This third assumption arises from the original focus of randomised controlled trials on drugs. Drugs exist as material entities in the forms of pills or injections and can therefore be physically separated from most other aspects of an intervention. In acupuncture, however, the characteristic factors include needling, aspects of the diagnostic process, and aspects of talking and listening, and we have already described how emergent and interwoven these are into the whole intervention. This third assumption has also been challenged by others.2,12,13 For example, a review of interactions between characteristic effects of medications and incidental effects concluded that “the implicit additive model of the RCT is too simple.”12 Consequently, several interactive multidimensional models have been formulated and described.14,15
Our analysis suggests that the treatment factors that are characteristic of acupuncture include, in addition to the needling, the diagnostic process and aspects of talking and listening. Within the treatment sessions these characteristic factors are distinct but not divisible from incidental elements, such as empathy and focused attention. These findings have important consequences for the design of trials. A sham controlled acupuncture trial, the classic design for efficacy or explanatory trials, is based on the supposition that the needling alone is the characteristic treatment element. Therefore participants in the control group receive everything except the needling. If, however, other aspects of treatment are characteristic, the sham acupuncture design is inappropriate because it delivers these other characteristic elements to both groups. Consequently, the difference between the groups may greatly underestimate the total treatment effect of the intervention (figure).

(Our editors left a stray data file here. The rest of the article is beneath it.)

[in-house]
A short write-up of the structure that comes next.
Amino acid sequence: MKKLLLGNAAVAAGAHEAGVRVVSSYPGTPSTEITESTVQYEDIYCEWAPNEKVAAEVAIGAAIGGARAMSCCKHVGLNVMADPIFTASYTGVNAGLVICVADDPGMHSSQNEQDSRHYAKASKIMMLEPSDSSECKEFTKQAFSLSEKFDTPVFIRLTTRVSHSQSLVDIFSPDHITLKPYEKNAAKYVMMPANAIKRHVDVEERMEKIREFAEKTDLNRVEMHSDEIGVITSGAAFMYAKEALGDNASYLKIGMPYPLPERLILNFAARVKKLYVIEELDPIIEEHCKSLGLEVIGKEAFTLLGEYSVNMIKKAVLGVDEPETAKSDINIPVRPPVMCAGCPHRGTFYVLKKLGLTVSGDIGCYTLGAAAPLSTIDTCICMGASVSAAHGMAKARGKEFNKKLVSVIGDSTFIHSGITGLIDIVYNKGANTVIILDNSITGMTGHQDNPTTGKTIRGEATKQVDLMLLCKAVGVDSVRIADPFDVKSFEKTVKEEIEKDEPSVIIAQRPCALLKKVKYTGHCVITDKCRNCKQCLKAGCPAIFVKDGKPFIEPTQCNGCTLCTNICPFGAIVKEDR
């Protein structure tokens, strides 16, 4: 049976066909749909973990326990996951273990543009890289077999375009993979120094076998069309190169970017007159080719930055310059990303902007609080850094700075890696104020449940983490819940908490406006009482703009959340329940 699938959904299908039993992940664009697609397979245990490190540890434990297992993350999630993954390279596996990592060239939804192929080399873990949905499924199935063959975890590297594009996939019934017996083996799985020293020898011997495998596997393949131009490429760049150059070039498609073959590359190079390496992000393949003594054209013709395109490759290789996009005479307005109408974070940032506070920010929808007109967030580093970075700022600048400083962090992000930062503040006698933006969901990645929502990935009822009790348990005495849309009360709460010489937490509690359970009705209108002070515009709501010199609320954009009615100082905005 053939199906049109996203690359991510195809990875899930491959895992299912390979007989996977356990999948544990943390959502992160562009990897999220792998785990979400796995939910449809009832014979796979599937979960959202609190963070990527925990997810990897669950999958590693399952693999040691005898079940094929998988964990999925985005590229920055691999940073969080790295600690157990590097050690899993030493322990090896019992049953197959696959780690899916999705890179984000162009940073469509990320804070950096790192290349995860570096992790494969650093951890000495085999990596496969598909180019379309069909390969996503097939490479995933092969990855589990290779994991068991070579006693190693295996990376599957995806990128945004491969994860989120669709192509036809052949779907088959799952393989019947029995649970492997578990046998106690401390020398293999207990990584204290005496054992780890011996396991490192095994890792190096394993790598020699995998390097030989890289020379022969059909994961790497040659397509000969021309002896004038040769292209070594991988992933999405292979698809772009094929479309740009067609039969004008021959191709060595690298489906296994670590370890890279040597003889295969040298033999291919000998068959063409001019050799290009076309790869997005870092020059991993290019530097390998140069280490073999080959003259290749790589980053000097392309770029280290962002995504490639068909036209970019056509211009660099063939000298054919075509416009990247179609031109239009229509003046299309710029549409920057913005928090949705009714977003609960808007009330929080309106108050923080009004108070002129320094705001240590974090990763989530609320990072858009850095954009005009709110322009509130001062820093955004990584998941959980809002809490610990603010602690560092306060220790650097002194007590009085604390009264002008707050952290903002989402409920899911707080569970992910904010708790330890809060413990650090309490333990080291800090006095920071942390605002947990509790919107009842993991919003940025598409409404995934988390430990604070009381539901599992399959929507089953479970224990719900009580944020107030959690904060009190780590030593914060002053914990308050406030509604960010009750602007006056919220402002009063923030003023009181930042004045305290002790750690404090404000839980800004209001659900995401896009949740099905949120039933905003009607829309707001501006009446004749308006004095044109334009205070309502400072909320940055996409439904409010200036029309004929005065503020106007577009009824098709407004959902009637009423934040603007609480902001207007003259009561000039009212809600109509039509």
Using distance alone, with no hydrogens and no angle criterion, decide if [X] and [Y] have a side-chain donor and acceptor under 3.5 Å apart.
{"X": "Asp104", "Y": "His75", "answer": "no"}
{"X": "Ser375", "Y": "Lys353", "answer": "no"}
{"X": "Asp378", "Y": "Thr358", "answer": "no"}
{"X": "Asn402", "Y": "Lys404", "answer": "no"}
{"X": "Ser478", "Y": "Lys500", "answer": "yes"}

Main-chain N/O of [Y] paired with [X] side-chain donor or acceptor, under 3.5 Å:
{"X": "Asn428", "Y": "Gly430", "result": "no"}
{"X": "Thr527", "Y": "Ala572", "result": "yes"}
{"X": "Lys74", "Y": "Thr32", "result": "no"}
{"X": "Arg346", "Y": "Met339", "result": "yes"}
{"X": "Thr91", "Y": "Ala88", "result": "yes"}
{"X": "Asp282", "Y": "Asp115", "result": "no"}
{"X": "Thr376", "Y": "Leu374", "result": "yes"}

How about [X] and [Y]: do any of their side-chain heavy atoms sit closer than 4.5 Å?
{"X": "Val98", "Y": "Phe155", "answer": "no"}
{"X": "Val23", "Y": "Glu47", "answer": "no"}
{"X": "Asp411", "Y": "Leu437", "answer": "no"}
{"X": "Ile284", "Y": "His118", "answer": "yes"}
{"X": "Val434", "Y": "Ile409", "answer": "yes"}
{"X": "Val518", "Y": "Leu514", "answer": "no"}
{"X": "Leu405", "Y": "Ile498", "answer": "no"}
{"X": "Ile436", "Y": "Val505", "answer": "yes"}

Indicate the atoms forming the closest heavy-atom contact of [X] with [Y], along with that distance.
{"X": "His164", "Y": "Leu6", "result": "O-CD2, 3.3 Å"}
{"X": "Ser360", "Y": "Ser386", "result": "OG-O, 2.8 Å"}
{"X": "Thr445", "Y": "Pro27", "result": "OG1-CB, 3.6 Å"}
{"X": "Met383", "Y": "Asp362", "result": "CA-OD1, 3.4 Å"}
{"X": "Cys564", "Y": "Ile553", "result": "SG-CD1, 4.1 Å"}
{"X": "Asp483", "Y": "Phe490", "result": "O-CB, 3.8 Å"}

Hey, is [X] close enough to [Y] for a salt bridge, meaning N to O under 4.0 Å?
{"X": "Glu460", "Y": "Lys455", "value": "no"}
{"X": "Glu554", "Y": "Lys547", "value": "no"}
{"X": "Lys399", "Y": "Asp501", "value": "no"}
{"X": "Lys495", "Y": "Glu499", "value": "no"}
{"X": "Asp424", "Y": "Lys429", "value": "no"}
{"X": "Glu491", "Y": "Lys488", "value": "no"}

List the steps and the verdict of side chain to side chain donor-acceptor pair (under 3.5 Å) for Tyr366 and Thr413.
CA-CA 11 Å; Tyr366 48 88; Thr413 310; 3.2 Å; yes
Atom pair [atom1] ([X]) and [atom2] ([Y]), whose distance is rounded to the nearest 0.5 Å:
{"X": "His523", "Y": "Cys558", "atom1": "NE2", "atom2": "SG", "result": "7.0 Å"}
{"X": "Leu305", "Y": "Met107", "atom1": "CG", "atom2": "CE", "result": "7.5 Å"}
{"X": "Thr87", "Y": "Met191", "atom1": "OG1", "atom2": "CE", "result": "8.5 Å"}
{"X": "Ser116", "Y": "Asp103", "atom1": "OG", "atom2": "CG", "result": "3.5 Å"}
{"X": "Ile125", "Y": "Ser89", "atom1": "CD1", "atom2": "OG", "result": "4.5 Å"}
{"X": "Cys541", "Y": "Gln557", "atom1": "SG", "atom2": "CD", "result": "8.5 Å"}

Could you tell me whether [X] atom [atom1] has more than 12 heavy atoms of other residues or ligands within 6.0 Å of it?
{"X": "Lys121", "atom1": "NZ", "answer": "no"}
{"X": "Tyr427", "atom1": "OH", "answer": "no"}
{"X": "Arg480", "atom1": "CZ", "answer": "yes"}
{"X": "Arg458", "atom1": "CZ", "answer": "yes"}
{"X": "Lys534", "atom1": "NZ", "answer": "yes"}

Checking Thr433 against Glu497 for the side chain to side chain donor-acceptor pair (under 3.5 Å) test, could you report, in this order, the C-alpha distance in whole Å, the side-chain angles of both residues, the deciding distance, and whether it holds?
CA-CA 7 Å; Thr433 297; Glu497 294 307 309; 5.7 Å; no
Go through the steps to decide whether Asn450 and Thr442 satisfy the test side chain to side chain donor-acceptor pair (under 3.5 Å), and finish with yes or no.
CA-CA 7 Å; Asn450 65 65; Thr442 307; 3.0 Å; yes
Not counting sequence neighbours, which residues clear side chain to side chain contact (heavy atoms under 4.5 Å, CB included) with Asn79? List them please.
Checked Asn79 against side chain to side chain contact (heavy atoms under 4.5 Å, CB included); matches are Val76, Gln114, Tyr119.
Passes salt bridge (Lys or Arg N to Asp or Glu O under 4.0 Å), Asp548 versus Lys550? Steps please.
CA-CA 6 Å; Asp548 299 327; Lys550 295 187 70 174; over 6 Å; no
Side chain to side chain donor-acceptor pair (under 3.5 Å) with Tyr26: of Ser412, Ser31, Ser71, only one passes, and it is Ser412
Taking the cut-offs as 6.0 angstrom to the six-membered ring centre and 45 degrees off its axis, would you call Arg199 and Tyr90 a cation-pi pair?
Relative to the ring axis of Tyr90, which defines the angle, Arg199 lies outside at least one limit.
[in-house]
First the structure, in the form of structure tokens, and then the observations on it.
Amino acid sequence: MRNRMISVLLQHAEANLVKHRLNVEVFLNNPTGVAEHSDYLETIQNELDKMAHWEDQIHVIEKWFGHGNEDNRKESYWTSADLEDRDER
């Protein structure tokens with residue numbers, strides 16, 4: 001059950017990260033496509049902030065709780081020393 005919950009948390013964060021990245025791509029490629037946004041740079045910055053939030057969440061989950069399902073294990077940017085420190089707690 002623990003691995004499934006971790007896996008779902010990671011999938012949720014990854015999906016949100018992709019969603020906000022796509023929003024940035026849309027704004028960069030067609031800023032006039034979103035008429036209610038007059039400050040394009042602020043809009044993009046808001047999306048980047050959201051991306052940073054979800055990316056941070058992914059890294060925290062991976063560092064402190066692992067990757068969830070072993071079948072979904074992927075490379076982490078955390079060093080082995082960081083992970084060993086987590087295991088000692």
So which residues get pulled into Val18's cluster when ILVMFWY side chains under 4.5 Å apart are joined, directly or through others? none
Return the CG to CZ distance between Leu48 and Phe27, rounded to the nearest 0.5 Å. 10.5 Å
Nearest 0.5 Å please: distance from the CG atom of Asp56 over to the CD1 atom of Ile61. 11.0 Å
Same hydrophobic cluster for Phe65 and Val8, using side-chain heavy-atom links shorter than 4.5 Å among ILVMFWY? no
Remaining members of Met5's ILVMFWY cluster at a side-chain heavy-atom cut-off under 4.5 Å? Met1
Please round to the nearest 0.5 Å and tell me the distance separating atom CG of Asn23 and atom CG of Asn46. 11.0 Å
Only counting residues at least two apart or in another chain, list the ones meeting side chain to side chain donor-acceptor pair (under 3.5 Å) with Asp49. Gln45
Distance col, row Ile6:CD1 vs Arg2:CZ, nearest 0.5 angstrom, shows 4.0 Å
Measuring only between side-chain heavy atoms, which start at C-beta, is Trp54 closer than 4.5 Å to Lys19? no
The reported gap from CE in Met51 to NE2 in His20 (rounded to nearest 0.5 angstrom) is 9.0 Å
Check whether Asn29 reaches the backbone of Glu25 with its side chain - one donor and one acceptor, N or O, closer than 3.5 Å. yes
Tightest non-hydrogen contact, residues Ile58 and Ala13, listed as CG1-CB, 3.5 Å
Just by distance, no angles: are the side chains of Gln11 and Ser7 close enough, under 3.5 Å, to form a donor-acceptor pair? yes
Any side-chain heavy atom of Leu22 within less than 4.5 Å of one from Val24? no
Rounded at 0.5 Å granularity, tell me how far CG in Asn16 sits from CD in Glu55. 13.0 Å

A sham controlled trial is only appropriate for comparing two acupuncture interventions—for example, to compare the effects of different needling techniques. In such a trial it is the effect of needling that is being compared rather than the total characteristic effect of the acupuncture.
Many thoughtful papers about trial design in complementary medicine have aired similar concerns.9,13,15,16 For example, members of the International Acupuncture Research Forum acknowledged that “Some effects that are included in the term `non-specific' may be peculiar to acupuncture,”17 and a scholarly overview of controlled clinical trials in acupuncture recognised: “The probable interaction of treatment effects of the different specific and non-specific effects of the treatment.”18 Nevertheless, these papers have continued to recommend using sham controlled acupuncture studies. This reticence in challenging the status quo may be because the assumptions that underlie dominant or commonly held theories such as biomedicine are invisible until they are illuminated by a body of primary research.
Our findings may also prove useful in understanding some of the many paradoxes within the literature on the placebo effect. For example, they explain two recurring paradoxes in relation to sham acupuncture trials. Firstly, the discrepancy between acupuncture's long history and widespread use and its lack of proved clinical effectiveness in randomised controlled trials and, secondly, the fact that generally both sham and real acupuncture have good treatment effects.9